Some time with Nobel Laureate "Roderick MacKinnon"

I have no dream to become a Nobel laureate but I wanted to see and talk to such great persons. In 2004, first time, I listened a Nobel laureate giving his remarkable speech in BICC, Kathmandu during 4th National conference on Science and Technology. Today was the second time to see and listen to a Nobel Laureate from very close. It is always a matter of curiosity to me about them. How they speak, response to people, their life style. Are they normal person like us? What is inside their brain that makes such achievements?

Professor Dr. Roderick MacKinnon gave a talk on the topic "The principles of potassium ion channel" in ALS 4001, OSU followed by a informal discussion with students during refreshment.

His talk was about how potassium passes the membranes through potassium channels. According to him these channels are very selective to potassium ions. For example when about one thousand to ten thousand potassium cross the membrane only one sodium ion is able to cross through the channel although the size of sodium is much more smaller than potassium.

He is a professor at The Rockefeller University. Before he moved to this school in 1996, he was a faculty at Harvard Medical School. About his academic degrees: he did his undergraduate study in Biochemistry from Brandeis University, MD in medicine from Tufts University. He won Nobel Prize in Chemistry 2003.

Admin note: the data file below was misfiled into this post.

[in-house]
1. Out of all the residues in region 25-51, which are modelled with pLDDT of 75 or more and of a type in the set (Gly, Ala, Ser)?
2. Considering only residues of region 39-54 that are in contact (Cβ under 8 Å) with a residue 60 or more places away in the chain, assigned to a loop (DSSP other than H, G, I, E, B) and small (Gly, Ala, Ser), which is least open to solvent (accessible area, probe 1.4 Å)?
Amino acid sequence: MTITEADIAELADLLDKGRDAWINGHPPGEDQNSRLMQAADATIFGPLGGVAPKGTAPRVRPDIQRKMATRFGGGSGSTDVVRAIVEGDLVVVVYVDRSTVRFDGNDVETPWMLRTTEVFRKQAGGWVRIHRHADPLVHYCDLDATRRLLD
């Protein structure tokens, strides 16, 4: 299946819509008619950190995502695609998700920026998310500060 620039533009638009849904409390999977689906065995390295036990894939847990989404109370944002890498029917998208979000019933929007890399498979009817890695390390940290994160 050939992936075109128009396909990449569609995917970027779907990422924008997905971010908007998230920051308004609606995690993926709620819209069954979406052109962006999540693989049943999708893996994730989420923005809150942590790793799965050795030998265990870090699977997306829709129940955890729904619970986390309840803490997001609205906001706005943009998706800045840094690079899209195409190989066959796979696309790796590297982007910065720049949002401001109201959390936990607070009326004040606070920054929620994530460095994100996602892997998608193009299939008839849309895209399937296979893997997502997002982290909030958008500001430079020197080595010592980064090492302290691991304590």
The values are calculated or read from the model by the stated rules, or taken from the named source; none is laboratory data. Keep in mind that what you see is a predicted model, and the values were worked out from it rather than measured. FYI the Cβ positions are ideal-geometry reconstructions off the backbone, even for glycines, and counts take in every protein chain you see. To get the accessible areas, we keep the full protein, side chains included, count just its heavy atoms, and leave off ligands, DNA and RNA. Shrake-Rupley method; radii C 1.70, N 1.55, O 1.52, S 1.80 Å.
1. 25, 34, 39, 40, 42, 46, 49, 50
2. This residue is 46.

Great lesson from him is that if you don't like, not interested in and not enjoying whatever you are doing, don't do it. This is his suggestion to undergraduate students who are going to graduate school soon. He himself is an example of this. He did his undergraduate in biochemistry. His undergraduate research adviser suggested him to go to graduate school but he decided to go to medical school. He didn't enjoyed his time during that 7 years and finally he came back to the lab working with same professor. He was trying to explain why he didn't like medical school and this career in the informal discussion with undergraduate students from department of biochemistry and biophysics at OSU. It was lots of memorizing stuffs and he was not good at memorizing. He couldn't enjoy the period. It was his important and hard decision to leave medical career and going back to graduate school.

He lives with his wife. They don't have child. He is proud of the work he has done and contribution to the science and The Nobel Prize. Answering to a question from a student about his wife's support in his success he said its great support and encouragement.

About the secrete of his success he mentioned interest and hard work are main driving forces. He always see the things in different ways than other people see. He doesn't go by the great things. He likes to work on the small things.

You can read more about him and his findings in following links.






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